Junk the plans for salvage yard near Calumet
Most may know the world renowned horse farm, Calumet.
There is a move afoot to develop a Pull-a-Part salvage yard at its back doorstep. I have fought for 30 years alongside the Kentucky Thoroughbred Owners and Breeders Association and other groups to halt encroachment and development of the Bluegrass horse farms of Fayette County, with some success.
But the horse farms have been disappearing over that 30 years anyway. Now this.
Never miss a local story.
It is truly sad for me that the beauty and tradition of my hometown, that I have known all my life, are almost gone. I know many will think this is only nostalgia but this is what has always set Lexington apart from every place in the world.
The attorney for Pull-A-Part says it is not a junk yard. OK, it is a salvage yard. It may be a little more organized than a junk yard, but it has old and junked cars available for people to go in and pull their own parts. This does not belong at or even near this vestige of a once-proud and very important beauty of Lexington, Calumet Farm.
Seriously, folks, the Democratic Party needs to "gather their manure closely" to be polite. How many more prominent members of the party are going to consider, think about or mull over the idea of running against or from that money-grubbing servant of the rich, Mitch McConnell?
All the polls say he is more vulnerable now than ever. He really doesn't vote for our best interests (if you're not in the top 2 percent) and hasn't done very much for this state until recently when he endorsed the idea of growing legal hemp in Kentucky in quantities equal to or surpassing the illegal marijuana crop.
I guess that's laying the groundwork for big contributors in this new agri-business.
If Democrats don't unseat him now, they might as well fold their tent and concede U.S. Senate seats to the Republicans.
It's time to Pitch Mitch and Prune Paul.
Lately, several letters have been highly critical of John Rosemond and his parenting column.
I'm only an occasional reader of the column, but I think almost all his advice can be distilled into two basic axioms: As a parent act responsibly and expect age-appropriate responsibility of your children.
So it's not very comforting to see so many people object to what once was accepted as normal.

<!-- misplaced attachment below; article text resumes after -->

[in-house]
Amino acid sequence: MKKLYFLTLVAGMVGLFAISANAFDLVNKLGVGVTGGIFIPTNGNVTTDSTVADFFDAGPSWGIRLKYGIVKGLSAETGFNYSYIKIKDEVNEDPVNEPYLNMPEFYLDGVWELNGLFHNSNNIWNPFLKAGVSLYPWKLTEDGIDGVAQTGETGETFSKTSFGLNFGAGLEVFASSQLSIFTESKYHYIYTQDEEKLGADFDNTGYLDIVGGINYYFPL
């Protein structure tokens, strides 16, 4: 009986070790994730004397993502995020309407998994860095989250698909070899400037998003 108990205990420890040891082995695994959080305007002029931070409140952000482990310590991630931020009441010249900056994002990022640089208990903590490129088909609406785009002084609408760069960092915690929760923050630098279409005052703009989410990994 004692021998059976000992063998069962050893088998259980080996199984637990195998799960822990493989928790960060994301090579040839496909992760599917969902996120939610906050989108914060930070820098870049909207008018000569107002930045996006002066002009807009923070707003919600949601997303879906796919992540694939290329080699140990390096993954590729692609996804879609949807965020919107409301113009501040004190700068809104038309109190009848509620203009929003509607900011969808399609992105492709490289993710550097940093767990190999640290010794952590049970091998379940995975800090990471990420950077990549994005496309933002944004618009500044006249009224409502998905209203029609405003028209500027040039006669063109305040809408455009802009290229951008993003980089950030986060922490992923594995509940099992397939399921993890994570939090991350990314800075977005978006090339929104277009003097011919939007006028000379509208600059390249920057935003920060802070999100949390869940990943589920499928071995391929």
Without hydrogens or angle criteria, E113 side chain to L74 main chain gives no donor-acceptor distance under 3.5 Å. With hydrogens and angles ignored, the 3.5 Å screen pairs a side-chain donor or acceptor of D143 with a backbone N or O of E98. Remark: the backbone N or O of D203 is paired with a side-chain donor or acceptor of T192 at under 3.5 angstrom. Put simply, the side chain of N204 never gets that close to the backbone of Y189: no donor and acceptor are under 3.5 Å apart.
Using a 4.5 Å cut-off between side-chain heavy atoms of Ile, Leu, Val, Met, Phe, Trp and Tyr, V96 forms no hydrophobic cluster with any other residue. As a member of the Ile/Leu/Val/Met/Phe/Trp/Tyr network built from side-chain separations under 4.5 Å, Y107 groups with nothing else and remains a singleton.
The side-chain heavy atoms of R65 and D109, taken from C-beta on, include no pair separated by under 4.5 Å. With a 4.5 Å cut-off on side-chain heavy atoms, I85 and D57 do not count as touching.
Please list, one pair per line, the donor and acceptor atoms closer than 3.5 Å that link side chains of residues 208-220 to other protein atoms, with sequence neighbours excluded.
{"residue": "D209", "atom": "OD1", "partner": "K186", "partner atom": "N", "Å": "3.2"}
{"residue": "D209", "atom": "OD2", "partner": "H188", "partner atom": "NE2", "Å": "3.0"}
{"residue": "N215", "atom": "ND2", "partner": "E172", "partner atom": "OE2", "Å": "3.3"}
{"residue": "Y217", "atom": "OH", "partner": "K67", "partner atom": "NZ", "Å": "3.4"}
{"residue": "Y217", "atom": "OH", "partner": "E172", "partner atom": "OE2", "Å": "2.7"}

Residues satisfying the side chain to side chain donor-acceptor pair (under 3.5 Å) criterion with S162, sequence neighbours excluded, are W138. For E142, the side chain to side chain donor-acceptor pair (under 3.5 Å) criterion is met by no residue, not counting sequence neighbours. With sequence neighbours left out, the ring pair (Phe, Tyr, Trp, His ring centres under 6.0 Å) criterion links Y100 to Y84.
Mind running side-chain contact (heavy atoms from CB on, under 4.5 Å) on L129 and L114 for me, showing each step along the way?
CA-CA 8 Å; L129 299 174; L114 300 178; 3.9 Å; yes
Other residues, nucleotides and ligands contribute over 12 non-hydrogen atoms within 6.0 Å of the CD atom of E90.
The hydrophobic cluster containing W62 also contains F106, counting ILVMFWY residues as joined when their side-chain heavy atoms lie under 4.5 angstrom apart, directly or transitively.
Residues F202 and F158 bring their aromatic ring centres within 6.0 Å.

And for those now shrieking in outrage that not all children are the same, do you really have an exception, or do you just not like the obligation of being a grownup?
The administration has stepped over the line. I am repulsed and sickened just thinking of everything associated with the IRS targeting the Tea Party.
The IRS should be politics free. I don't buy for a second that it was lower-level employees who thought this up. Nothing is ever decided by lower-level employees. In government everything is done by with your boss' approval.
Free speech is a cornerstone of a free society. This is too much. The Tea Party should be allowed to apply for tax exemptions like other organizations. Hampering them prevents the discourse we so badly need.
I did not spend 24 years in the Army to protect "think the way I think" mentality. You can count on me voicing my objections through my vote.
Two articles in the May 29 paper made me think of a few of the dangers of centralized government.
The article about banning businesses in rural Fayette County had one statement that really stuck out. It said a landowner (farmer) would have to seek a conditional use permit from the city's Board of Adjustment, which means the people living in the county lost control of their own destiny through consolidation of the city and county governments.
Another article in the same issue had a sub headline reading, "Under state pressure, (Clark school) board approves controversial measure," which means that Clark County must do something a lot of people in Clark County do not want, or else "risk losing educational funding."
When the money goes to Frankfort or Washington instead of staying at home, you are at the whim of politicians and bureaucrats who know what is best for you, whether you know it or not.
As an aside, an opinion piece in the May 30 paper suggested the licensing requirements for ownership and use of automobiles should be applied to the ownership and use of guns. Regardless of one's opinion on gun control, apparently the writer was not aware that neither the Constitution or the Bill of Rights mentioned automobiles, but did say a lot about the right to bear arms.